Mirroring a symbol can make it look quite different at first glance, and the mirror option allows for randomly mirroring around both the X and Y axis. Mirroring work fine with most symbols, but you should avoid symbols with text or readable symbols in them. Also note that mirroring a symbol along both X and Y simultaneously is the same as rotating it 180 degrees, but mirroring it along either X or Y cannot be accomplished with rotation.

Here we see first unmirrored treasures, then a row of randomly mirrored ones. I’ve enabled both random X and Y mirroring. Of course, being random, not all of the symbols have any mirroring at all.


Shearing is used to actually deform a symbol. Basically, it changes the rectangular bounding box around the symbol to a parallelogram, and reshapes the symbol to fit this transformation. However, it only works on vector symbols, so it can’t be used with the treasure symbol here, but I’ve instead included an example showing overland towers. Notice how the symbol is actually deformed and not simply rotated as might be the immediate reaction.



It is important to realize that when you change symbol options like the ones above, you change the behavior for placing future symbols. None of the settings in the options dialog will affect symbols already placed in the map. So make sure you do this before placing the symbols, as there isn’t an easy way to do this after placing, if so, the easiest is probably to delete the symbols and place them again with these settings in place. But this also means that you can change the settings midway through your map if you have a different different need for a particular room or particular location without messing up already made parts of your map.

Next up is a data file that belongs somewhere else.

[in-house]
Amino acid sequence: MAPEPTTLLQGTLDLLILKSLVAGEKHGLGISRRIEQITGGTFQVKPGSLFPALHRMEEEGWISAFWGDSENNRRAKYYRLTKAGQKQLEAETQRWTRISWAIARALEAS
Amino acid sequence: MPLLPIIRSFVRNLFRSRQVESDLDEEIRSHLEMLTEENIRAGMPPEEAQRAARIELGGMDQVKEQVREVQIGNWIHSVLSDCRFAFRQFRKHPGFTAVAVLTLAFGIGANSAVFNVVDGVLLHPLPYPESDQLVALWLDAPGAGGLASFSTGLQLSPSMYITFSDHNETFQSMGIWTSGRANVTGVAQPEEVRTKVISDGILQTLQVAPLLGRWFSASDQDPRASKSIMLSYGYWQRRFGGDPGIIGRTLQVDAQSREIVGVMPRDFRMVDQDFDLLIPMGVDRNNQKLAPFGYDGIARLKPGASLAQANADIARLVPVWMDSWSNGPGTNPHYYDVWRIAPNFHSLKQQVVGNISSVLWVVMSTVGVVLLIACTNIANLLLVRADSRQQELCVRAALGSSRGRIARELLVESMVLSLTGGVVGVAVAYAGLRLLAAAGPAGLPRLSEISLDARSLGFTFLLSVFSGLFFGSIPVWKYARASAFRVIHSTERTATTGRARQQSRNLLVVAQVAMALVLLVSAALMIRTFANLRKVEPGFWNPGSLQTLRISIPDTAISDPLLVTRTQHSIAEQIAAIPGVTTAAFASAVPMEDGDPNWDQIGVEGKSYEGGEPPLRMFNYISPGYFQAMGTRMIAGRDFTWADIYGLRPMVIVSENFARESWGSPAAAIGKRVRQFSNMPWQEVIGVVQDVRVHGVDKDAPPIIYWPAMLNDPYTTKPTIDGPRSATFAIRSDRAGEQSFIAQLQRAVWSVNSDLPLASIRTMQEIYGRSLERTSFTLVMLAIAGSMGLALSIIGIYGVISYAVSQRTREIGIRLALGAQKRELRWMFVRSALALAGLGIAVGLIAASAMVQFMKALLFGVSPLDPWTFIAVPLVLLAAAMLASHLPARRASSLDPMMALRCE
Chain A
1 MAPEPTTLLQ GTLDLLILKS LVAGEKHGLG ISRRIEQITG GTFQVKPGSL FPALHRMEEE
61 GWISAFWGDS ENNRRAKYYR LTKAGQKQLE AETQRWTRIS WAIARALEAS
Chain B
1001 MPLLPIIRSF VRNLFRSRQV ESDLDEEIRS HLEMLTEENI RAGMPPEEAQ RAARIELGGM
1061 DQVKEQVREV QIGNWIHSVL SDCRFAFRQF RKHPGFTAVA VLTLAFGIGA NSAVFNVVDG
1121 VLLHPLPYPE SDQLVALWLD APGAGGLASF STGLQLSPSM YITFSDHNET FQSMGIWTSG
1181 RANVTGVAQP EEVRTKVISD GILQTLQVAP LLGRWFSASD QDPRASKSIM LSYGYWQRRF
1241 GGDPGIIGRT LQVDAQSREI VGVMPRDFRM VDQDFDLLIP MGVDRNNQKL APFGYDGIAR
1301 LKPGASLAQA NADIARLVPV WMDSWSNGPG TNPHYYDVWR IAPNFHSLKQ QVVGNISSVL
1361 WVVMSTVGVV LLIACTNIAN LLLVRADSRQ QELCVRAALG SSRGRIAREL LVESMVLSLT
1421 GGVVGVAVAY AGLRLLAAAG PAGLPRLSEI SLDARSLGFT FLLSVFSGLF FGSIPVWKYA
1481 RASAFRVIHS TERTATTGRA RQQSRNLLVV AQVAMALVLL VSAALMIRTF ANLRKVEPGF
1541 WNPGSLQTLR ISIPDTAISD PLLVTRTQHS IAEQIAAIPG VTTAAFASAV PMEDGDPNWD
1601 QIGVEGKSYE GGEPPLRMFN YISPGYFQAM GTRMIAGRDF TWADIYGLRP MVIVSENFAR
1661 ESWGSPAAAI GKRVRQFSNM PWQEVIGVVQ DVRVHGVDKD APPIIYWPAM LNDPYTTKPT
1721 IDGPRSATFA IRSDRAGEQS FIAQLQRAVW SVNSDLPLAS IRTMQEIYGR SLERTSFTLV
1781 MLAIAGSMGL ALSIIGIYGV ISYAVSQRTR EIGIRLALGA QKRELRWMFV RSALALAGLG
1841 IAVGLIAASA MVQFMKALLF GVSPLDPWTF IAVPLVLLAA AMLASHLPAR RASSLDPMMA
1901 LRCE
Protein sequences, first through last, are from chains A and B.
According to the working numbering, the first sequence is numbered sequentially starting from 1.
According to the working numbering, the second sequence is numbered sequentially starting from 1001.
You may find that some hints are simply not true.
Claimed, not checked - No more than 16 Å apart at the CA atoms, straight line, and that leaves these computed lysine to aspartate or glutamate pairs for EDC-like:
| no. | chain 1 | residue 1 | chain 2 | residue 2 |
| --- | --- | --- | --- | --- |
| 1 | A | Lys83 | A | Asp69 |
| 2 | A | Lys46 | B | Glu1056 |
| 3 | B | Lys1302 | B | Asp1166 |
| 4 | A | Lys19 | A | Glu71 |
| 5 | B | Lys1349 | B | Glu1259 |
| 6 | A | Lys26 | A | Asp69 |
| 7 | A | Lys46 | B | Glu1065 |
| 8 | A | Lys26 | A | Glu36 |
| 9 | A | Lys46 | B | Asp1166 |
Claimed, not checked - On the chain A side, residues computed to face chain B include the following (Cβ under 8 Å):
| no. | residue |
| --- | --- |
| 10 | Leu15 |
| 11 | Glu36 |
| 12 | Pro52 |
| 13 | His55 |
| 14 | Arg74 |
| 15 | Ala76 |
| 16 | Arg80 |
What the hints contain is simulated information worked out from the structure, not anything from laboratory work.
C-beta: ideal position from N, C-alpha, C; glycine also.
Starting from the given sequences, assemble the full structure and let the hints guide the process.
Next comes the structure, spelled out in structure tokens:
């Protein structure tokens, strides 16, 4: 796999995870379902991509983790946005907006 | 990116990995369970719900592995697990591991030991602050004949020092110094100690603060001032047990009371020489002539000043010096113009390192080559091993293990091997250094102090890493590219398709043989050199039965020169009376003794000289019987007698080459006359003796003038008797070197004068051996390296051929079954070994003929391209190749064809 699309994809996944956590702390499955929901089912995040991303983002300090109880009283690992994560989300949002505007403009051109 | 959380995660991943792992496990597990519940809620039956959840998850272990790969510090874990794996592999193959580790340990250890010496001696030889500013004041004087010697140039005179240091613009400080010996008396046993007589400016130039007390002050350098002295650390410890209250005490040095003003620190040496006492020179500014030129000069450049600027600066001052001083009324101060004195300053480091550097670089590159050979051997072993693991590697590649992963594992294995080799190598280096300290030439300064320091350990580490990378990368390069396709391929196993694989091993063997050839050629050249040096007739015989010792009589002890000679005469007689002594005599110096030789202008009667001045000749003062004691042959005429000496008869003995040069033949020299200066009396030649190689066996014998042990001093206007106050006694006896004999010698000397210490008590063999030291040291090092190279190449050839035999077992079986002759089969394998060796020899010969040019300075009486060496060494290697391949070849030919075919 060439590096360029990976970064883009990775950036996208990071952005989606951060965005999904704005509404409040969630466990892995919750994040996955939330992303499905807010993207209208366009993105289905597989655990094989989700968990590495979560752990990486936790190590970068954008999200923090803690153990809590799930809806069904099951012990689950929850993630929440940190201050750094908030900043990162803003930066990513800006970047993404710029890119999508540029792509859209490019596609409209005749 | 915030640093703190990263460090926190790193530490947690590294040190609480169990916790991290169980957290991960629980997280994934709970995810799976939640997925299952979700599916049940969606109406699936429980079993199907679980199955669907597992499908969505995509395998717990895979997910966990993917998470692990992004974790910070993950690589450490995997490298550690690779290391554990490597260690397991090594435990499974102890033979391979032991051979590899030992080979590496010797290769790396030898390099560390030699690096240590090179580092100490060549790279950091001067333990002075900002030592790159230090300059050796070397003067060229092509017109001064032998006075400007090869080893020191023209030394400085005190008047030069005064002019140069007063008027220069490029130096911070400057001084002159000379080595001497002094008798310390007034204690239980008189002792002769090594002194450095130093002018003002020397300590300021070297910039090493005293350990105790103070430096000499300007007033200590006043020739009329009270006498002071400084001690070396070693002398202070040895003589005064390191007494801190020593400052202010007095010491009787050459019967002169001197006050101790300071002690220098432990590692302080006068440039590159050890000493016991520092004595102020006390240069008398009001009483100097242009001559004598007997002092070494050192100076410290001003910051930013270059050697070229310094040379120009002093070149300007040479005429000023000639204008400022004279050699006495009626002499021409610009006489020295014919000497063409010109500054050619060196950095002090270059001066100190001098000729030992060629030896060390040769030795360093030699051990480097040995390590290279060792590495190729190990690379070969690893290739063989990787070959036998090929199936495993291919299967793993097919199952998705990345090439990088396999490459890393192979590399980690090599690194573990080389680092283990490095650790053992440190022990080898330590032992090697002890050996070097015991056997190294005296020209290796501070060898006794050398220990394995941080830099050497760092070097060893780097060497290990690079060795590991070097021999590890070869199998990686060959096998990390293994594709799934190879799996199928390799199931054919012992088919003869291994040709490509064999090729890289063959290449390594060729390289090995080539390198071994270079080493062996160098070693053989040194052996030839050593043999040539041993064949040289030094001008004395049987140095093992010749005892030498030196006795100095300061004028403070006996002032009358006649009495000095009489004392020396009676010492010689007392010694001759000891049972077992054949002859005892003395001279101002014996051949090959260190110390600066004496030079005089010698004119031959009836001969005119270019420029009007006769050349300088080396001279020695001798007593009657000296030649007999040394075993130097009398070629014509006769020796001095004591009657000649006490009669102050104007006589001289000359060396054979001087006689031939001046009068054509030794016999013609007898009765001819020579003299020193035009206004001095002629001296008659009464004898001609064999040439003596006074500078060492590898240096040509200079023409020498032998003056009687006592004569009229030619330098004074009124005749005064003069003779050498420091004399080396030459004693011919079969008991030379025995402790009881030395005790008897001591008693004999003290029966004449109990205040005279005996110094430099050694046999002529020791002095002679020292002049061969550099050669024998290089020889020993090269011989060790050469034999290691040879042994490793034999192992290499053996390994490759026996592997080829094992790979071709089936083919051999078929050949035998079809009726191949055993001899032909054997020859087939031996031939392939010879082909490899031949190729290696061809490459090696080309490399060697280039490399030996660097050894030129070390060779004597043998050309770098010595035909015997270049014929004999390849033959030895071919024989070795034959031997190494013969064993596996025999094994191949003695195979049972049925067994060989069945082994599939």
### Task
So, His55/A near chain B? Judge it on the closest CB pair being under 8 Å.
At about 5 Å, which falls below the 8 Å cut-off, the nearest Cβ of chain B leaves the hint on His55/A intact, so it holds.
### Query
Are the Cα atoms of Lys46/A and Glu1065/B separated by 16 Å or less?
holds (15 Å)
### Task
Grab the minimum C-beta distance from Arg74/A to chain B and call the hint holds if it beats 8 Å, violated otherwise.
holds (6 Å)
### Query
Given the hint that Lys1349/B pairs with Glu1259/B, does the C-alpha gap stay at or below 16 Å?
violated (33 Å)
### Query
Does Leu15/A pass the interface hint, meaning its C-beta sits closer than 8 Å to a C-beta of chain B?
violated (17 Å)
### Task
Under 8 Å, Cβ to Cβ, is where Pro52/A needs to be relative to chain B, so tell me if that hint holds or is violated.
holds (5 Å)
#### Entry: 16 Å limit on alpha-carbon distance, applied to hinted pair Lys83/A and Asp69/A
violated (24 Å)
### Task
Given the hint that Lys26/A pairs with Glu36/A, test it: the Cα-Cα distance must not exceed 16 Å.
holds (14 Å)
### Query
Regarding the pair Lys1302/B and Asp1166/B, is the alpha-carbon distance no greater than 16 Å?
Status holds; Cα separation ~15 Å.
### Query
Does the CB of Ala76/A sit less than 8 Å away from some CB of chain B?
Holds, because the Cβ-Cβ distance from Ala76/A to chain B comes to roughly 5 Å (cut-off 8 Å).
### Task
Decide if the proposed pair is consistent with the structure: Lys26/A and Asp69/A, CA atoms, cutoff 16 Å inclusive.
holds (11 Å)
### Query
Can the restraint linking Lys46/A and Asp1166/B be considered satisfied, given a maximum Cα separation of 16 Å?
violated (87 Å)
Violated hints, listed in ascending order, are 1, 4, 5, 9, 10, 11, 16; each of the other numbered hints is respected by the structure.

Another thing worth noting is that you see the symbol on your cursor as it will be placed, the transformation is actually applied to the symbol being held there, so you can see what you will get next. There isn’t a way to go to the next randomization if you don’t want the current, but you could either just hit escape to stop placing and pick the symbol from the catalog again for a new randomization, or just place the version you didn’t like in a corner by itself so you can delete it later and then hope for a more interesting variant.

Since the symbol definition is copied into your map on the first use, this also has the side effect that if you go ahead and change the actual symbol catalog instead of the symbol in the current map, you’ll find that your changes won’t apply to maps that have used that symbol before, because they will keep using the version defined in the map instead of the one from your changed symbol catalog. The best way around this is to not modify the original symbol in the symbol catalog, but make a copy of it under a new name and modify that instead. A new name means that CC3+ will see it as a new symbol, and not the one already in your map.

And finally, while I did show each transform individually here in this article, they combine well, having both random rotation and random scaling can be a good combination. And as mentioned above, combining those with a random collection means that you get a lot of variation in the symbols you place.